Expatriate Owl

A politically-incorrect perspective that does not necessarily tow the party line, on various matters including but not limited to taxation, academia, government and religion.

Thursday, April 30, 2009

The New York Bailout Rules

New York, notorious as one of the most overbloated and wasteful bureaucracies, has been getting things right of late.

Firstly, we had that "photo-op flight" of Air Force One over the Statue of Liberty, which threw a significant percentage of the people in Lower Manhattan into panic, and caused the financial markets to take a little plunge. The White House looks like a smacked toochas with Louis Caldera proffering an official tail-between-the-legs apology, and our senior Senator, Chuck Schumer, vehemently and appropriately denounced the lamebrained secrecy tactics of the White House Military Office. This time, it wasn't Schumer who was the putzhead!

And then, there is Walter E. Carver. Mr. Carver's financial misfortunes drove him to seek public assistance, which he received for approximately two and one-half years, from September 1997 to March 2000. The terms of his public assistance required him to w-o-r-k at subsidized employment. After receiving the bailout from the New York taxpayers (myself among them), Mr. Carver got back onto his feet, and his financial luck markedly improved.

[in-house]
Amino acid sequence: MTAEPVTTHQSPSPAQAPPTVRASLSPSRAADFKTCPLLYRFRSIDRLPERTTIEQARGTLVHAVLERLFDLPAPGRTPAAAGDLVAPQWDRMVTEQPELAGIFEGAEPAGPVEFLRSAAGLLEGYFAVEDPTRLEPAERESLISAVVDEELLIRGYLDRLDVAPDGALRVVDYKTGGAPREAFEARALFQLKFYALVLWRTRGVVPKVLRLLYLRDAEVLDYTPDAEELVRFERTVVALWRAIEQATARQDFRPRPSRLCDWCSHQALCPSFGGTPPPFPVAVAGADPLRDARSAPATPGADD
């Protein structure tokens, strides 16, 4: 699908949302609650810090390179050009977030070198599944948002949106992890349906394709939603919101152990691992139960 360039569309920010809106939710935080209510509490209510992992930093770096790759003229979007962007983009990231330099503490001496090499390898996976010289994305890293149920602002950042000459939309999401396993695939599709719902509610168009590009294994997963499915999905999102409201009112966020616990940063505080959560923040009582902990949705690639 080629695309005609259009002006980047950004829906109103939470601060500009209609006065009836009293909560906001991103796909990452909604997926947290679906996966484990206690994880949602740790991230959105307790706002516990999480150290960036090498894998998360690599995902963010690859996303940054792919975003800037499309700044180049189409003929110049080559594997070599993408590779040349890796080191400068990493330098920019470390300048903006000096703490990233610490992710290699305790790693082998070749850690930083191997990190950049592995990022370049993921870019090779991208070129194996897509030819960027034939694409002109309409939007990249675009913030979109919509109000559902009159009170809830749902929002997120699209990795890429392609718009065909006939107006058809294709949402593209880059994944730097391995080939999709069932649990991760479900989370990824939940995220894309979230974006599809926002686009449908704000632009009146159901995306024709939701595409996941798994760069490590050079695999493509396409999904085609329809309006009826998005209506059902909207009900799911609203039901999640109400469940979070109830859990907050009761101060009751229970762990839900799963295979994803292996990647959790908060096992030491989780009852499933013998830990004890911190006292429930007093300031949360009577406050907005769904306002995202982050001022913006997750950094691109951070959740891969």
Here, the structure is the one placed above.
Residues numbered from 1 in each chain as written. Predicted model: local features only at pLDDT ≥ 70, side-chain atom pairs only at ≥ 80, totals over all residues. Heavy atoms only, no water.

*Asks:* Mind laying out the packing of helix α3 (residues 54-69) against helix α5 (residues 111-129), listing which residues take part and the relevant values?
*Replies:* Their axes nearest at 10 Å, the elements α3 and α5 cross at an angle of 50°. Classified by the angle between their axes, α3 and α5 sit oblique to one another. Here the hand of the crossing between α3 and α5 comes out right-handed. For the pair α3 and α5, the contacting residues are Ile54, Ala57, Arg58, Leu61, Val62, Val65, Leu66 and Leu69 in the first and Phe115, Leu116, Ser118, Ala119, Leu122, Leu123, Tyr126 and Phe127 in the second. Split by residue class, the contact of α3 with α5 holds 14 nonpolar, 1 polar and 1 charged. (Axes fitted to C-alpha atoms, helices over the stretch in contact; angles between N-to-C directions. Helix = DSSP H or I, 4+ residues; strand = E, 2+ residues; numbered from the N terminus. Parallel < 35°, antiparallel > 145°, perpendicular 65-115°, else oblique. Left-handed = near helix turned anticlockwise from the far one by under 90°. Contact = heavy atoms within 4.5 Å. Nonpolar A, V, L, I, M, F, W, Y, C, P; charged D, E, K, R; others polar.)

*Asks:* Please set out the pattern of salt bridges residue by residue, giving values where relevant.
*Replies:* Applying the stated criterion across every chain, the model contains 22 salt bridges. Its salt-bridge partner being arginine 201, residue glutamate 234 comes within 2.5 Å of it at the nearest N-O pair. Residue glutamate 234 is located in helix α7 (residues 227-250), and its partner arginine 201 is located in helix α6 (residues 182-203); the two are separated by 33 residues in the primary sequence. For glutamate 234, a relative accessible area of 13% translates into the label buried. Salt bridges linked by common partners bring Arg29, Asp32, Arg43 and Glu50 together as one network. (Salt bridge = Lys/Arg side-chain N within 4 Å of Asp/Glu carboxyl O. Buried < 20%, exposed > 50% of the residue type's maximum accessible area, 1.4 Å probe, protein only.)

In fact, he hit a $10,000 prize in the New York Lottery.

And so, pursuant to New York's Social Services Law ยง 131-R, the State of New York claimed one-half of that $10,000 lottery prize as reimbursement for the public assistance provided to Mr. Carver.

Walter E. Carver brought a lawsuit against New York, claiming that the reimbursement requirement effectively brought his pay, for the w-o-r-k he did, below the minimum wage. Judge Schneier, of the Kings County Supreme Court, banged his gavel on his bench, and sent Carver right out of the courthouse. Three weeks earlier and three blocks away, Judge Sifton, of the U.S. District Court for the Eastern District of New York, did similar with Carver in his Federal Class Action suite on the same issues. That case is reported at 2009 U.S. Dist. LEXIS 27496. Thus far, Carver is a double loser (as is his attorney, Richard D. Lamborn, Esq.).

Carver's legal misadventures might not be complete. The wages he received, and the entire $10,000 lottery prize, are considered income for Federal and New York State taxation purposes. Wouldn't surprise me one bit if Carver gets Lamborn to tilt at the IRS windmill as well.

Meanwhile, New York would do well to (A) better enforce its policy of reclaiming lottery winnings from public assistance bailout recipients; (B) publicize the fact that such is done, so as to take much of the glamour attraction from that welfare magnet that is New York City; and (C) legislate similar statutes to facilitate the reclamation of lottery winnings from current and former prison inmates.

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  • At 24 September, 2010 00:14, Anonymous Anonymous said…

    Federal case against NYC sent back to District Court



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